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hjhatl-911184 (2/28/2013)
stranger things have happened.

Indeed they have You could always check the SID for the login on the source system and check it against your dev instance. You were only dropping and recreating the dev DB user after restore, correct, not the login?

If you have a moment down the line I would be interested to know what you find towards id'ing a root cause.


__________________________________________________________________________________________________
There are no special teachers of virtue, because virtue is taught by the whole community. --Plato

Believe you can and you're halfway there. --Theodore Roosevelt

Everything Should Be Made as Simple as Possible, But Not Simpler --Albert Einstein

The significant problems we face cannot be solved at the same level of thinking we were at when we created them. --Albert Einstein

1 apple is not exactly 1/8 of 8 apples. Because there are no absolutely identical apples. --Giordy
Post #1425125
Posted Friday, March 01, 2013 6:48 AM
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I have a clue... the login being referenced is a service account used by the application for connection purposes. The login id in question does not exist in the production database, a different name is used for security purposes. The DB refresh script has been used for a number of years but, recently changed and that's where the fun occurred. The grantdbaccess was commented out for some reason but, the addrolemember was still assigning security rights to the database. Therefore, the login had security rights on the database but, didn't have permission to access the database.

THAT WAS FUN!

Thank you for hanging in there with me - in the end it was still a learning exercise, which is always a good thing.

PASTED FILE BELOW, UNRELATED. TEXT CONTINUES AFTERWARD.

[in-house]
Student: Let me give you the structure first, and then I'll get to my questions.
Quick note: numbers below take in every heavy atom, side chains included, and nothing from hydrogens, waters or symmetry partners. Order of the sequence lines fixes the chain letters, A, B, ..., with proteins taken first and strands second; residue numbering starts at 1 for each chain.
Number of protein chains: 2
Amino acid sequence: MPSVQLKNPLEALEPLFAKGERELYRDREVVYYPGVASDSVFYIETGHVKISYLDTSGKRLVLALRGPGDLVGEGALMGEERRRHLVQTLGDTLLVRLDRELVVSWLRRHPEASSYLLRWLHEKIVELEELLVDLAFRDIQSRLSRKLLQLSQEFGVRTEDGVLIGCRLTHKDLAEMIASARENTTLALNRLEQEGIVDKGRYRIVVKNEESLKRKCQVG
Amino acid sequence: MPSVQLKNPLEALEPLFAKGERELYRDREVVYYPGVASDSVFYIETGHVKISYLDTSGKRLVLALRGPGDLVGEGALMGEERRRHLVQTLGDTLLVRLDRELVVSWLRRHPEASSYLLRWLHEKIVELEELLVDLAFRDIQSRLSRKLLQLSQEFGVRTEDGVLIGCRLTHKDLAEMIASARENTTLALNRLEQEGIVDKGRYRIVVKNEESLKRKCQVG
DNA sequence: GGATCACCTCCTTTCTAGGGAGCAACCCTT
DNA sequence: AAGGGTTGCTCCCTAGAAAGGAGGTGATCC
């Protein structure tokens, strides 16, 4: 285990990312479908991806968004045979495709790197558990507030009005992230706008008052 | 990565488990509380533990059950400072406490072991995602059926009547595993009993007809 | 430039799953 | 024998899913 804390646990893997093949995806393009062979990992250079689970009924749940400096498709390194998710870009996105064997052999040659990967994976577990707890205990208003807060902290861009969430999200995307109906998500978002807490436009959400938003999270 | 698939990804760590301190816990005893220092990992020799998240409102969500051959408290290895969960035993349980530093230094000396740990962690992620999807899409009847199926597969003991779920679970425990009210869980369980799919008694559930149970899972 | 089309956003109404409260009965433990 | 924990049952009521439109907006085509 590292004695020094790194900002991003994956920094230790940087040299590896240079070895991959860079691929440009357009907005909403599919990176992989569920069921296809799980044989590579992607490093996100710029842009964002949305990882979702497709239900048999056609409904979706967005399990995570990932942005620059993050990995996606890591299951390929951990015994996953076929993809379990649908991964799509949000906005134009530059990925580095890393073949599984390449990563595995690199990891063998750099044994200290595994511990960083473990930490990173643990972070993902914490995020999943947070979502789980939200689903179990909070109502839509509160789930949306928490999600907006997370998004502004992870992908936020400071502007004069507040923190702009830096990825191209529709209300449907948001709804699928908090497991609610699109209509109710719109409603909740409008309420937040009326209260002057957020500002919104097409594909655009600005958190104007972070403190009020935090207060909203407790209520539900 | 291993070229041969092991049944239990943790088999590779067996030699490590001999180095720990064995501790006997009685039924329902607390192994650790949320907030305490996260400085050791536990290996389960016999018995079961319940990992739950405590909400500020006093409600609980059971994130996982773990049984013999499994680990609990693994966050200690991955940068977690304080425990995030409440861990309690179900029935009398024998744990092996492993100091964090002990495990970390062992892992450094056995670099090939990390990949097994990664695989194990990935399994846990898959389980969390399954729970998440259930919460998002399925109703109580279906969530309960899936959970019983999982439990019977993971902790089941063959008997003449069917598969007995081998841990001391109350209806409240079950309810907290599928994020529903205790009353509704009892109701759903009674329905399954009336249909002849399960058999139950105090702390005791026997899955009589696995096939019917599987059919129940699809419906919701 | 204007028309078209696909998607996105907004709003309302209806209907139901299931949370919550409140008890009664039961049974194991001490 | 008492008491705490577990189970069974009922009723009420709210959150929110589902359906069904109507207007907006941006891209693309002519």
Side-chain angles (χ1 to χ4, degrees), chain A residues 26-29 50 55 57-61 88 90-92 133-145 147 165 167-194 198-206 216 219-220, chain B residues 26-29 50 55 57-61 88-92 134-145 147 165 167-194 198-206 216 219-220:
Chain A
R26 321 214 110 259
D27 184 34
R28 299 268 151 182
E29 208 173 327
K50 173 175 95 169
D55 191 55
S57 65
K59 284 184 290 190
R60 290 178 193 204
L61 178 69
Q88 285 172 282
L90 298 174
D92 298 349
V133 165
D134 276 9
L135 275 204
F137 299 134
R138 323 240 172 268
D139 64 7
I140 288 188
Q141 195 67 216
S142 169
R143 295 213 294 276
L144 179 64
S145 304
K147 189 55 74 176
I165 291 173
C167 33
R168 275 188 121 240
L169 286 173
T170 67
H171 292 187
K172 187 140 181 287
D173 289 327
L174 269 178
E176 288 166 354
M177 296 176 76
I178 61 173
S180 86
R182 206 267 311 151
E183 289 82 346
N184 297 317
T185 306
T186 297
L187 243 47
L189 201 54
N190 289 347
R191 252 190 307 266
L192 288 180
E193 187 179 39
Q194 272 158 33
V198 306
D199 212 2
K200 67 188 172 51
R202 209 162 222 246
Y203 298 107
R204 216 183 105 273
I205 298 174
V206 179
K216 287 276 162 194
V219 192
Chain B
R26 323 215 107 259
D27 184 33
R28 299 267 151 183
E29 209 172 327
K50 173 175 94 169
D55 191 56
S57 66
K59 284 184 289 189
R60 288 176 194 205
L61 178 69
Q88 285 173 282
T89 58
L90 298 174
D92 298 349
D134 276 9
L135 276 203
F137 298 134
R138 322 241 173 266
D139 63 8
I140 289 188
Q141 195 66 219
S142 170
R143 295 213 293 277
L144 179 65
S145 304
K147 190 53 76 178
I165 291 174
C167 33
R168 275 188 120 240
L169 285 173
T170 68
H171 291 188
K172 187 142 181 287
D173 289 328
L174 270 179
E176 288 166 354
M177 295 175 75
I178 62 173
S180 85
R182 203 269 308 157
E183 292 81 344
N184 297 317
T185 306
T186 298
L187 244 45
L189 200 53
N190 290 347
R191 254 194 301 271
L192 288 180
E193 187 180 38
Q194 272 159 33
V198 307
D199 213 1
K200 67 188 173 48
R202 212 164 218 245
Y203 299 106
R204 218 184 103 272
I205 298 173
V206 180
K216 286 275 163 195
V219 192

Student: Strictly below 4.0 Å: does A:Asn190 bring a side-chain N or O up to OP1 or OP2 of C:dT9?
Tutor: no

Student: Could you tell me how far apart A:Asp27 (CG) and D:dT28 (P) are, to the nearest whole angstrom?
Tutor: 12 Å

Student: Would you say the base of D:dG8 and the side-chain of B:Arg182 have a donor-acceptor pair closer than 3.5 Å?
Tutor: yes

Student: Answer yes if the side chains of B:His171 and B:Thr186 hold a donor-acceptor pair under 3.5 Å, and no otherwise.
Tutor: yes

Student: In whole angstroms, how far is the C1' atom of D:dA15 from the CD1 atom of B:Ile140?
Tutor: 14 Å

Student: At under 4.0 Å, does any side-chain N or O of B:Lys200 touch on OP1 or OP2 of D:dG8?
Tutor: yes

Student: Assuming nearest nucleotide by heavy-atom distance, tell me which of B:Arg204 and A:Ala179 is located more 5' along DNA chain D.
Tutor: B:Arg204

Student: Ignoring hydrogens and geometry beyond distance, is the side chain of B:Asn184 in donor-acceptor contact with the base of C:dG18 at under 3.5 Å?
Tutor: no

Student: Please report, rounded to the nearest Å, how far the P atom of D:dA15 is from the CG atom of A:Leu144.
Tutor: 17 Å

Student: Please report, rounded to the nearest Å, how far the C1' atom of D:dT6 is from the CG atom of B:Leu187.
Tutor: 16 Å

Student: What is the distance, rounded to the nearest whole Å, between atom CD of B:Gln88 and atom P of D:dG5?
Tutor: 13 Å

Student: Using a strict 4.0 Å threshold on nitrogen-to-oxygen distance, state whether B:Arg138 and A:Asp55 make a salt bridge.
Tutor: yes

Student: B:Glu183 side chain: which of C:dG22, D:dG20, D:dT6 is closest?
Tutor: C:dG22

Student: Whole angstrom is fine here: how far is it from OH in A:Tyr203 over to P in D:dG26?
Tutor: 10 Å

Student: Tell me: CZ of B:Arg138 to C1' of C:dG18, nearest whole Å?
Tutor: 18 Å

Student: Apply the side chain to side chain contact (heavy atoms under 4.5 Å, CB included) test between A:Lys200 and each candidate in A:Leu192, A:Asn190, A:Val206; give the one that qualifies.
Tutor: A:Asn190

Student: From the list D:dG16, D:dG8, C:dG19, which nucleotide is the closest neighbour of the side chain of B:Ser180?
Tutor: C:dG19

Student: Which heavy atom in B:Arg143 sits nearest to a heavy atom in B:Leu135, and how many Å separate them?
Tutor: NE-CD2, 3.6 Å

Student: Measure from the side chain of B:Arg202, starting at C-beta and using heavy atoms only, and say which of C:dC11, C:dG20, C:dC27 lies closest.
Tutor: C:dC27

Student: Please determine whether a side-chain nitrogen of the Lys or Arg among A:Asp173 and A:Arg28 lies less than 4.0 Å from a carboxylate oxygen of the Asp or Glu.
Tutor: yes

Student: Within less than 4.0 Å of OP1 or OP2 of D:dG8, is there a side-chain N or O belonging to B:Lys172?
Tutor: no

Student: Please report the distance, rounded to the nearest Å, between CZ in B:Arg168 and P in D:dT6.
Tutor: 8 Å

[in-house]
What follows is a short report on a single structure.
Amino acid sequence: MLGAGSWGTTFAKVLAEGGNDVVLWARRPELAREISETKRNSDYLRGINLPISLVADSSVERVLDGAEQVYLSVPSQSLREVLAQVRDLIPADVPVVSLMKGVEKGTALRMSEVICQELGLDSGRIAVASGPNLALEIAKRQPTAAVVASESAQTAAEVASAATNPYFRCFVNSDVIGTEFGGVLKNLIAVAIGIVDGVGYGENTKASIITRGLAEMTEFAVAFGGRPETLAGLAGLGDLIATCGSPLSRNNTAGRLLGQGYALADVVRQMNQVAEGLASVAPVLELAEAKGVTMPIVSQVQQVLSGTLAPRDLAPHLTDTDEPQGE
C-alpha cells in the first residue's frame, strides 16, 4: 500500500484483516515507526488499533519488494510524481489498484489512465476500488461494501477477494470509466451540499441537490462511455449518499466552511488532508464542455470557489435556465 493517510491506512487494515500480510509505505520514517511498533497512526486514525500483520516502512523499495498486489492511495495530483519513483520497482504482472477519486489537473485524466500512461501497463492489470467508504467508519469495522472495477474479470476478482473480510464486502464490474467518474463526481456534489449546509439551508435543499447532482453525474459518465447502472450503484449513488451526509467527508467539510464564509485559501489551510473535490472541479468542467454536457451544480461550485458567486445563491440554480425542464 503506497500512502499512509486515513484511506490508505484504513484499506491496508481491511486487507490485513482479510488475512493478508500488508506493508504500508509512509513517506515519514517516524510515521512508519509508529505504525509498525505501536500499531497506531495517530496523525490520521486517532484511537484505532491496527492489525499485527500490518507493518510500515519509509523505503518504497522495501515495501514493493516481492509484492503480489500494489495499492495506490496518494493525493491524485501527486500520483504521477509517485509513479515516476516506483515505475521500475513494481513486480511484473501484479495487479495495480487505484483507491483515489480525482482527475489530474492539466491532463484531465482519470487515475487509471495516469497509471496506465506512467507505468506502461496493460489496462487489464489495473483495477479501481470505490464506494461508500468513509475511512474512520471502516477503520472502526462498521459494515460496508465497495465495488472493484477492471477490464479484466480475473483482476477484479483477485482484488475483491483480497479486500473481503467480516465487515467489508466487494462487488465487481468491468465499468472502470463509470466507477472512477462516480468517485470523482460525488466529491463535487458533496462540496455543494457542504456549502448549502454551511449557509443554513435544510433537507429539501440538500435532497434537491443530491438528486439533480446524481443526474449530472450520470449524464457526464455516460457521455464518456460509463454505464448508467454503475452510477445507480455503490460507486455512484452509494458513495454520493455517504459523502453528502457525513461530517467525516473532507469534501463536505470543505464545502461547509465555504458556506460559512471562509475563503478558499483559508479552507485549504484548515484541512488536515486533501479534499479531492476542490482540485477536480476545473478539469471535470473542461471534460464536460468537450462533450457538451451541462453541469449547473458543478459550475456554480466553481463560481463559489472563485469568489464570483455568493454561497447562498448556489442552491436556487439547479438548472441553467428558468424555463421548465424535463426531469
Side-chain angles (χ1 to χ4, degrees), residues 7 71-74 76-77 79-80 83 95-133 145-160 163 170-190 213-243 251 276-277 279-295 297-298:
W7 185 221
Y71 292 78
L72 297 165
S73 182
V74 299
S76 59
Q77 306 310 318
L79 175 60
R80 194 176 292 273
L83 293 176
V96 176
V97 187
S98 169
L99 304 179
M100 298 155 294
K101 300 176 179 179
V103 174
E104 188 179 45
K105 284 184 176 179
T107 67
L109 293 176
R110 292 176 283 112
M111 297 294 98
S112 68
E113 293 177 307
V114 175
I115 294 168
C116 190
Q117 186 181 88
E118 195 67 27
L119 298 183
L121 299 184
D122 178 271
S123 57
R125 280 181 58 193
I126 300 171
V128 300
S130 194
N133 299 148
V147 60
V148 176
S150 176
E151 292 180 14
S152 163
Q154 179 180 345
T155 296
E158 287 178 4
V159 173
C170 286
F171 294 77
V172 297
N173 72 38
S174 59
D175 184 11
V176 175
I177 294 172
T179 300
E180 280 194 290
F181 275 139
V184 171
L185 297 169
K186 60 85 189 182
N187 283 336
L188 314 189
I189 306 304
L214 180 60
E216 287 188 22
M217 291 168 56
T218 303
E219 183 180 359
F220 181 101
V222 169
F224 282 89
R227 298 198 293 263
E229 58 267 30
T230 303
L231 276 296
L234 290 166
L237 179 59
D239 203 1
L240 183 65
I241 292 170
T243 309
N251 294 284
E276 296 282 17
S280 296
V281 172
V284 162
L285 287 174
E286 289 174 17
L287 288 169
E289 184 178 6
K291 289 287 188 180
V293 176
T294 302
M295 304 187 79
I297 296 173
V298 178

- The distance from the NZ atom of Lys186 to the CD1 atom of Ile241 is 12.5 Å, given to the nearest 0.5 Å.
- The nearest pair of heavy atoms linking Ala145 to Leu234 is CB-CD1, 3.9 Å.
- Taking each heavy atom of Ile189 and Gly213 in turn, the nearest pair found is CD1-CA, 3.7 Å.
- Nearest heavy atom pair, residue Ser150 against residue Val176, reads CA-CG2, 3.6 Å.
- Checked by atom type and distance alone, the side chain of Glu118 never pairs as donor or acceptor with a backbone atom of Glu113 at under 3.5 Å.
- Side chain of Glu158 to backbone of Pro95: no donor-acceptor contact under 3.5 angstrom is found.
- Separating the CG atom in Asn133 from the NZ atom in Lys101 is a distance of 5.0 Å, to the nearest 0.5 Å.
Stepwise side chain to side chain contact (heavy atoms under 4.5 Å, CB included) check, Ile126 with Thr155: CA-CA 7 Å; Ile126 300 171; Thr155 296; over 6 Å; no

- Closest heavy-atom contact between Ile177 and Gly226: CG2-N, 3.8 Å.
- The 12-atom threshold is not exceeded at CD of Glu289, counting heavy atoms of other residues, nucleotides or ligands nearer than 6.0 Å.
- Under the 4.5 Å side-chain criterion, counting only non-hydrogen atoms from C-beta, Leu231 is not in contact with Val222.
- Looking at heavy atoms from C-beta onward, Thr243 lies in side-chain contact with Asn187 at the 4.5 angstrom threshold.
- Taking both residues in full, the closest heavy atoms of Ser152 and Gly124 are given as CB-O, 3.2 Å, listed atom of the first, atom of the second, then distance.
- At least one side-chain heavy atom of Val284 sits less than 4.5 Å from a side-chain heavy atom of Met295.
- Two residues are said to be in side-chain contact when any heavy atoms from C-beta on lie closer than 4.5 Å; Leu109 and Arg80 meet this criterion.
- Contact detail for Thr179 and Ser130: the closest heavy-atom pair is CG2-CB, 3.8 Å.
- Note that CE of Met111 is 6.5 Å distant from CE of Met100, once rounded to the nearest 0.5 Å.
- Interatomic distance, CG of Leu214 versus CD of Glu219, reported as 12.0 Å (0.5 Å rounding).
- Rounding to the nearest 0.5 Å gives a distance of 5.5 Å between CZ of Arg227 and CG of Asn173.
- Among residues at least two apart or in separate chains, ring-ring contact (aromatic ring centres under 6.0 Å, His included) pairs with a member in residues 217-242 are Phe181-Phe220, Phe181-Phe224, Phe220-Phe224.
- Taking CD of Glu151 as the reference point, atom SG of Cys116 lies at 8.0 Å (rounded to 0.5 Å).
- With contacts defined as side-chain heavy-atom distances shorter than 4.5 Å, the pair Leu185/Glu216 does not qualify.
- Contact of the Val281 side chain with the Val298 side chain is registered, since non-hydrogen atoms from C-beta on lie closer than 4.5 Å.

Post #1425479
Posted Friday, March 01, 2013 8:11 AM


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I am happy you got to the bottom of it. I try to call these out whenever I can, it's not a knock, just pointing out the preferred syntax for new development. sp_grantdbaccess was deprecated in SQL 2005 and will be removed from a future product so while you're in there consider changing those calls to use CREATE USER instead.

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There are no special teachers of virtue, because virtue is taught by the whole community. --Plato

Believe you can and you're halfway there. --Theodore Roosevelt

Everything Should Be Made as Simple as Possible, But Not Simpler --Albert Einstein

The significant problems we face cannot be solved at the same level of thinking we were at when we created them. --Albert Einstein

1 apple is not exactly 1/8 of 8 apples. Because there are no absolutely identical apples. --Giordy
Post #1425533
Posted Tuesday, April 02, 2013 8:03 AM
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Thanks for the heads up on that one it was already on radar for change along with a few others.
Post #1437906